Sql-server – SQL Server tempdb on SSD showing IO

sql serversql-server-2012tempdb

We recently separated out our tempdb files to a new SSD and have started seeing:

5348 occurrence(s) of I/O requests taking longer than 15 seconds to complete on file [T:\tempdb\tempdb4.ndf] .

We have multiple occurrences of this error. We did not see the errors when tempdb was back on its original RAID 5 home. I followed a tutorial on SQLIO and I think the SSD should be much faster, when doing 8kb random read/writes, than the previous RAID 5 disks. So why are we seeing these errors?

Also, by way of more proof that not all is well, the batch file we run overnight (which is when these errors occur) is taking 7 hours. It took 6.25 hours on the old disks.

The disks sit in a directly attached array. The RAID5 for data, RAID 10 for logs and a spare slot that we used for the SSD. The RAID 5 and SSD are formatted for 64kb block size. The log is incorrectly set to 4KB block size (I know – will fix when I get a chance).

These are the results of SQLIO:

T drive (ssd)
Ios= 8KB random writing,IOs/sec=31847.48,MBs/sec=248.8
Ios= 8KB random reading,IOs/sec=76391.66,MBs/sec=596.8

S drive (RAID 5)
Ios= 8KB random writing,IOs/sec=2601.3,MBs/sec=20.32
Ios= 8KB random reading,IOs/sec=3138.45,MBs/sec=24.51

For 64K sequential read/writes they were around the same.

Tempdb is split into 4 1.5Gb files (this is the same before and after the move).

SQL server 2012 is patched to SP3.

Do you have any idea what could be causing all these I/O errors getting reported by SQL Server?

Is it possibly an Array or HBA driver issue? Does a single disk added into a spare slot on an directly attached array needs careful configuration in terms of cache?

Best Answer

I would highly recommend that you test your new T:\ drive using Crystal Disk Mark. Check out the guide from Brent Ozar here:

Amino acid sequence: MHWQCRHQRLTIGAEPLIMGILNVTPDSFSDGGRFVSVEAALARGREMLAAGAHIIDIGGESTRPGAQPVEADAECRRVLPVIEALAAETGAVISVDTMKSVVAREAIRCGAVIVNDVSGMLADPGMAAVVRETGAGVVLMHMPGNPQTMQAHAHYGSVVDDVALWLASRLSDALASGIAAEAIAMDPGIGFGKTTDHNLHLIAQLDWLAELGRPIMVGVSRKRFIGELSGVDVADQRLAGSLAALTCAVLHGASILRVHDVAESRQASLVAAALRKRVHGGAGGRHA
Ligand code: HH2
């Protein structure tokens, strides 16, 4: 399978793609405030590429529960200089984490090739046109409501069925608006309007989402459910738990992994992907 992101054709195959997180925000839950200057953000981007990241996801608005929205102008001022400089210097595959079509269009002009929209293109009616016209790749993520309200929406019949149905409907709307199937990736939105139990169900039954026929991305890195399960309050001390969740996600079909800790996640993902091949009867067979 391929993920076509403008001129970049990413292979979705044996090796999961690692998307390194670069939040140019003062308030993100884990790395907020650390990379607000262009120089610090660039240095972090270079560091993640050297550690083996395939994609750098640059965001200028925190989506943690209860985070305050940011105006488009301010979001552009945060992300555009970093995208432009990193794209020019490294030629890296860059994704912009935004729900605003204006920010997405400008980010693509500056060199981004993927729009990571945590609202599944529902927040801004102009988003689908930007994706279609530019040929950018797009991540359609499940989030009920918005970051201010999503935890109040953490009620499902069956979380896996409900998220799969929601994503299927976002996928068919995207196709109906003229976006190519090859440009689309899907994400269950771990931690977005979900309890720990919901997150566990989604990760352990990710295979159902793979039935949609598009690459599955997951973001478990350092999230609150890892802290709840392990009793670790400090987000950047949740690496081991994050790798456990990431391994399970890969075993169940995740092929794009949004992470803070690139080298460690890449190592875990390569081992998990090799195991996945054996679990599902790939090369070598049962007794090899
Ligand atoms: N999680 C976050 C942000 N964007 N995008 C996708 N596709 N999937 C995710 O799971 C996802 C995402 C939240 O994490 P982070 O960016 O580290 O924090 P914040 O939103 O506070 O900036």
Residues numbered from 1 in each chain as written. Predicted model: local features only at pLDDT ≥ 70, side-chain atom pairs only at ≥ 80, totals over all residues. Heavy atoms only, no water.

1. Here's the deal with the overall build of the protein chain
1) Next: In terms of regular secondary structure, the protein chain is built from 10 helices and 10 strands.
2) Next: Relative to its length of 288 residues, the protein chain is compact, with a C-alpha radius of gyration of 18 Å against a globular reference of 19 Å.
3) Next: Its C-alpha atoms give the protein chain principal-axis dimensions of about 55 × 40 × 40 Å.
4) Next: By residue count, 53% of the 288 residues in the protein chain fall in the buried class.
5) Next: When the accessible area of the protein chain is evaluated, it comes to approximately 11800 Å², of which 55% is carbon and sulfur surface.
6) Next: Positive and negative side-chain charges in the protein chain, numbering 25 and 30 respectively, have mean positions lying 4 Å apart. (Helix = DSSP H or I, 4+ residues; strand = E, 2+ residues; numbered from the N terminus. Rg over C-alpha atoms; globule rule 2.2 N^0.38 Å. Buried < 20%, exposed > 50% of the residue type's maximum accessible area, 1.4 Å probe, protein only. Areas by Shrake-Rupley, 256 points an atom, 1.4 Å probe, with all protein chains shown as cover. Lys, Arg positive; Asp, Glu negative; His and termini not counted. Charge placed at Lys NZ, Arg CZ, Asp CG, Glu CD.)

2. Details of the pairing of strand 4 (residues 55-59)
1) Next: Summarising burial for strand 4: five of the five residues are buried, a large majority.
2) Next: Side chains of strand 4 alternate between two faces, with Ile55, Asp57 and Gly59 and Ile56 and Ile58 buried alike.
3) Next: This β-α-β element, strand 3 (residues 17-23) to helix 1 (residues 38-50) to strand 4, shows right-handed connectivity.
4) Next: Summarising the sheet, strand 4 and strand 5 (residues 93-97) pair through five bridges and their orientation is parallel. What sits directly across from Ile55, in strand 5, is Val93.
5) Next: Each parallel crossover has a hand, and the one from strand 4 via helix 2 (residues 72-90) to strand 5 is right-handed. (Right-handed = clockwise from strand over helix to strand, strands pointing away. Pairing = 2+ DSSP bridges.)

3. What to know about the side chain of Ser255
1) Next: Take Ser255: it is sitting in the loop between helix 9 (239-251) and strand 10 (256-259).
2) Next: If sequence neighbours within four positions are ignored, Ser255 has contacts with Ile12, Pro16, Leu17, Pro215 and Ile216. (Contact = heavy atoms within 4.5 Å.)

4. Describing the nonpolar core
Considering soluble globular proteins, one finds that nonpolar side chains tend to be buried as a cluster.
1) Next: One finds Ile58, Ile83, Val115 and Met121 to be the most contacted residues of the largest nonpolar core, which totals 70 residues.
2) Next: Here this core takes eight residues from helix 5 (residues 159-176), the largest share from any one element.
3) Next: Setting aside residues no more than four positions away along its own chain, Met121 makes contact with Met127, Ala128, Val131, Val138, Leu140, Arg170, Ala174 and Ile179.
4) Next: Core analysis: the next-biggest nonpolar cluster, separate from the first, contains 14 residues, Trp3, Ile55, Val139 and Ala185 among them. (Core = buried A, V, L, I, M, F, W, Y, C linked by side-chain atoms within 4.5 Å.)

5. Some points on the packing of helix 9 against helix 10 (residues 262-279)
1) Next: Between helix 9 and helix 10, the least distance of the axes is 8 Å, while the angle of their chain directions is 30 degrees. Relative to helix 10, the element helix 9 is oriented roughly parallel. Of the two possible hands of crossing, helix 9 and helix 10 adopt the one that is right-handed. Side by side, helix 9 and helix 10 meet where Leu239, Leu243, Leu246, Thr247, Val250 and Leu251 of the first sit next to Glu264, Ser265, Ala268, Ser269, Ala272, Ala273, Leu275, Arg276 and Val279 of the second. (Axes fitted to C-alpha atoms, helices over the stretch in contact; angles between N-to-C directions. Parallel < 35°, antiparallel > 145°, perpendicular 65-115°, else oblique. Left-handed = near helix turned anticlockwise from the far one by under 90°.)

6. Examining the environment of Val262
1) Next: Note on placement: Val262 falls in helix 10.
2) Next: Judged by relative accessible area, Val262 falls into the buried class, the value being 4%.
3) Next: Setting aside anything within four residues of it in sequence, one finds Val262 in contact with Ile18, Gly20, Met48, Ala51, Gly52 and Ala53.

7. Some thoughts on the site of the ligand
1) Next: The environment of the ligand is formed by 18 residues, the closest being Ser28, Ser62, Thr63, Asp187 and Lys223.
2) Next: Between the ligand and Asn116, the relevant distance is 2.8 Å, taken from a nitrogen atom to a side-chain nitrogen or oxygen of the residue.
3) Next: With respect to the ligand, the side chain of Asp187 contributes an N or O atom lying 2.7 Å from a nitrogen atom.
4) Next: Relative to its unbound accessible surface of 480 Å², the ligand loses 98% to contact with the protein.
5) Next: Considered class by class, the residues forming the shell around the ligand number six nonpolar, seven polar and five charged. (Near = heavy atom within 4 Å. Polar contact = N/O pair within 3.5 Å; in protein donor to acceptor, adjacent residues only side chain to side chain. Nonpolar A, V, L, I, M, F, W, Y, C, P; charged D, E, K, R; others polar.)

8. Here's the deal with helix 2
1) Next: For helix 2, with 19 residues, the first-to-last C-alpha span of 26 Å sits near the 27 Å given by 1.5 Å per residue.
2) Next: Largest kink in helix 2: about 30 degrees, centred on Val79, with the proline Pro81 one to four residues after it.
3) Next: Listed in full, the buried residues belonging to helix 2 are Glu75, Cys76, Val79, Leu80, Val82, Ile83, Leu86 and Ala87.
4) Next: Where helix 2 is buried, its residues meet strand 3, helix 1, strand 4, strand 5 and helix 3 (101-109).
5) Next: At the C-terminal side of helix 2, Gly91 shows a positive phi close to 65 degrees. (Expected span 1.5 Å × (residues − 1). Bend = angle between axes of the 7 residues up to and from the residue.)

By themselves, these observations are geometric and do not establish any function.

How to Test Your Storage with CrystalDiskMark

Compare the results from the T:\ drive with

  • the old RAID 5 disk (where tempdb used to be)
  • your machine

If the SSD is slower than those other two devices, and nothing else has changed* in your setup, it's likely there is a problem with the disk itself, or with the driver being used, or the controller for the array this disk sits in, etc.

*things that might have changed since you moved tempdb:

  • the number of tempdb files for the database increased or decreased (someone said "hey, why not, since we have to restart the database to move tempdb anyway")
  • maintenance tasks were rescheduled to coincide with the now-slow nightly job (especially those that have potential to hit tempdb hard, like index rebuilds or checkdb)
  • the maintenance window to move tempdb was also used to deploy new code (for the nightly job, perhaps) that makes heavier use of temp tables, or has queries with bad spills, etc

Next Steps

Since it seems like the disk is reasonably fast (per the benchmarks you shared), I think it would be a good idea to log the contents of sys.dm_io_virtual_file_stats before and after the nightly batch job you mentioned. This will tell you how much I/O is happening on tempdb during that process. This is important, because maybe there really is more I/O than the disk can handle. So here's what you do:

  1. Run this query right before your nightly batch job is scheduled to run:

    select * 
    from sys.dm_io_virtual_file_stats((select DB_ID('tempdb')), default);
  2. Save the results somewhere (like Excel or something - probably not in tempdb :P)

  3. Wait 7 hours (until the job finishes)
  4. Run the same query and save the results
  5. Edit your question to include the results

We can then take the difference of the two snapshots and determine how many bytes were read / written during the job. You can also use those numbers to calculate overall latency during that period.

Note: a more granular approach would be to log the results of that query to a table every 5 minutes (or less if you want)